(Senate - October 13, 2011)

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[Pages S6496-S6497]
From the Congressional Record Online through the Government Publishing Office []


  Mr. INHOFE. Madam President, I heard a report today from Senator 
Murkowski. Apparently, the Energy Committee had a hearing on the 90-day 
shale gas report. I think this is very significant. I am sure she will 
come down and talk about it in detail. I didn't even know about it 
until noon today when she gave her report and I happened to be there, 
but it is something that is very significant.
  In this country we talk about energy and the fact that we have enough 
energy we can produce domestically in the United States of America to 
run this country for 100 years in terms of gas, with present 
consumption, and 50 years as far as oil is concerned, and we are 
dependent upon oil, gas, and coal to run this country, and those are 
something--a lot of people are saying we have to do away with fossil 
fuels. Every time I hear people say that, it is kind of laughable, when 
they say we have to do something about our dependence on foreign oil by 
doing away with our own production in this country.
  Our problem is not that we do not have the amount of coal, oil, and 
gas that we need to be totally independent from anybody. We do. But, 
politically, we have obstacles. There is not one other country in the 
world where the politicians will not let that country develop its own 
resources except for the United States of America.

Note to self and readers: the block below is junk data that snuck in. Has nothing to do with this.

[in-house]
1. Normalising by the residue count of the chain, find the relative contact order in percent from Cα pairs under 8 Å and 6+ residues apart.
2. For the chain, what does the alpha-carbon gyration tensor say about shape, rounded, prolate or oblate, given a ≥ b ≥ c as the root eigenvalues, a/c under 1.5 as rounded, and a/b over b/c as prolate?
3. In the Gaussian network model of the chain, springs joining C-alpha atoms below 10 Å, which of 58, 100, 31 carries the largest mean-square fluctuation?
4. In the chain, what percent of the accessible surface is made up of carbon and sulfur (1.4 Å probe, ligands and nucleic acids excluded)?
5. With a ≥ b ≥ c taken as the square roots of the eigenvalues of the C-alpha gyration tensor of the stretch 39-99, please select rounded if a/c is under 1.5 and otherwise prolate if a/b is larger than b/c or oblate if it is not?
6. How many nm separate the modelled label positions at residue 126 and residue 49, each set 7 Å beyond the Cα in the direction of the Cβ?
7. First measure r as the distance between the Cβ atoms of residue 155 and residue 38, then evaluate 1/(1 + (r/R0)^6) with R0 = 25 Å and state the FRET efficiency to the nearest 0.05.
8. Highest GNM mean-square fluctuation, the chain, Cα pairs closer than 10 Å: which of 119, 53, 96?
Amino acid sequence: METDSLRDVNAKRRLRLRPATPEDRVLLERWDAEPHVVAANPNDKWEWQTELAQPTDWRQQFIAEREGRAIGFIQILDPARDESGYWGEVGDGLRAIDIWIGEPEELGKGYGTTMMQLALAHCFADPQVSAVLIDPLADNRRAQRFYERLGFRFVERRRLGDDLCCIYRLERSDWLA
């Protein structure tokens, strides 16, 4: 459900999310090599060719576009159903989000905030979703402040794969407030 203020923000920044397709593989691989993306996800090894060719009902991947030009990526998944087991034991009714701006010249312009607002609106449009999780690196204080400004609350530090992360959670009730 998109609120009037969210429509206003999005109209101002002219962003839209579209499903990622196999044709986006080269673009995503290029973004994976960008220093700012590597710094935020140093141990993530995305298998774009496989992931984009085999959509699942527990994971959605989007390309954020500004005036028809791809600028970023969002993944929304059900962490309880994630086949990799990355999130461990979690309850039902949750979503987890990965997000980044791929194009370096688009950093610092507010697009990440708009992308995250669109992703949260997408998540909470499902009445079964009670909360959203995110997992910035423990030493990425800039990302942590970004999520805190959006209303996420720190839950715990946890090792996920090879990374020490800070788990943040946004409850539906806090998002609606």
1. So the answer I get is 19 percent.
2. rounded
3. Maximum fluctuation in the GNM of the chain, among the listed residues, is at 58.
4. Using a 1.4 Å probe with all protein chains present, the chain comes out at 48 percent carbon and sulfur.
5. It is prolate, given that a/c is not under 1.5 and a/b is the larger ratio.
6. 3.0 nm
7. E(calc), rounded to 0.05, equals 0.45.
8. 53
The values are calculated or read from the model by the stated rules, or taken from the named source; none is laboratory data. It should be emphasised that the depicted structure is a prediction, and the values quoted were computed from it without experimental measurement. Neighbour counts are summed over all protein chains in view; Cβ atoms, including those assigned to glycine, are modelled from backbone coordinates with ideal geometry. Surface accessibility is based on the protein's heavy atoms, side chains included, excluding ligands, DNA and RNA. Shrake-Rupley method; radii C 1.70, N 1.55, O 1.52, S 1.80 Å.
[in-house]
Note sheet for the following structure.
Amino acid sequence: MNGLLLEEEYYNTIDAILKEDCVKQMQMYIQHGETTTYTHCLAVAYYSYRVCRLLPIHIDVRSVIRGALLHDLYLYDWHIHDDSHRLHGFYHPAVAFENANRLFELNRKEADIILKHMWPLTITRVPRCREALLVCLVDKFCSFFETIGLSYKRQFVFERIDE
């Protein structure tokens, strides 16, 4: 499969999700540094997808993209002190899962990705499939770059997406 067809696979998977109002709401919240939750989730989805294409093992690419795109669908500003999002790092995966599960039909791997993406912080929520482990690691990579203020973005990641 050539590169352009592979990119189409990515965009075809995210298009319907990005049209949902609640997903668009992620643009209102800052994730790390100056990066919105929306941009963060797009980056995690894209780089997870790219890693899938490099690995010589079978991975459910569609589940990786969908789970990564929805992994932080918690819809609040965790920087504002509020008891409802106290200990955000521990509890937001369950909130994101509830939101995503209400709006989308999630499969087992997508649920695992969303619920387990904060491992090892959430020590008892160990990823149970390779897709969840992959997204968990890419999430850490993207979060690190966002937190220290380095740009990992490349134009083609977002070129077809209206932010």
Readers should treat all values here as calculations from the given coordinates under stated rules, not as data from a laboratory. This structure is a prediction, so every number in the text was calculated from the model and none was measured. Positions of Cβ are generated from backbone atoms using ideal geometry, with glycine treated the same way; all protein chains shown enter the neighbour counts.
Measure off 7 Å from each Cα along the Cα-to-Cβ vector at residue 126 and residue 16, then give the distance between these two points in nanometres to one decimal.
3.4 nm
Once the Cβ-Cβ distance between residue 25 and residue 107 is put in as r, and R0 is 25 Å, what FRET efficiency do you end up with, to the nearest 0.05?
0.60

It is kind of interesting. It was not too long ago when President 
Obama, who is very much in line with some of the far-left 
environmentalists who want to do away with fossil fuels, was realizing 
people were catching on, and people knew that with all the shale 
deposits that are out there--and every week that goes by, we find 
another great big opportunity for shale; this is both oil and gas--and 
the President said gas is plentiful, and we need to use more gas, and 
all that. But at the end of his speech, he said: We have to do 
something about that procedure called hydraulic fracturing.
  Anyone who understands energy knows that to get at all of these 
deposits--these shale deposits of gas or oil--you have to use a 
procedure called hydraulic fracturing. It happens we know something 
about it in my State of Oklahoma because in 1948 the first well was 
cracked, and we have not had one documented case in 60 years of ground 
water contamination as a result of hydraulic fracturing. So it is 
something that does work.
  But those individuals who want to make people think they are wanting 

[[Page S6497]]

to develop our own resources then turn around and say we are going to 
stop or have the Federal Government regulate hydraulic fracturing. It 
is totally inconsistent, and I think it is a direct effort to misinform 
the people.
  So in this meeting today, Senator Murkowski did a handout, and I am 
going to read a couple of the quotes from some of the people who had 
previously testified before the committee. Keep in mind, this is after 
a 90-day shale gas report. They talked about hydraulic fracturing and 
all of that.
  One quote is from Dr. Daniel Yergin, who is chairman of IHS Cambridge 
Energy Research Associates, and he is a bestselling author. He said:

       There's a gap in perception--this idea that oil and gas is 
     not regulated. We were all impressed by the quality and the 
     focus, the long experience of the states in regulating oil 
     and gas. . . . There's a strong backbone to it and that is 
     not as well recognized in some circles. So I think there is a 
     very strong fabric here.

  Here is a quote. This is from Kathleen McGinty. I remember her from 
when she was an aide to Al Gore. She was chair of the Council on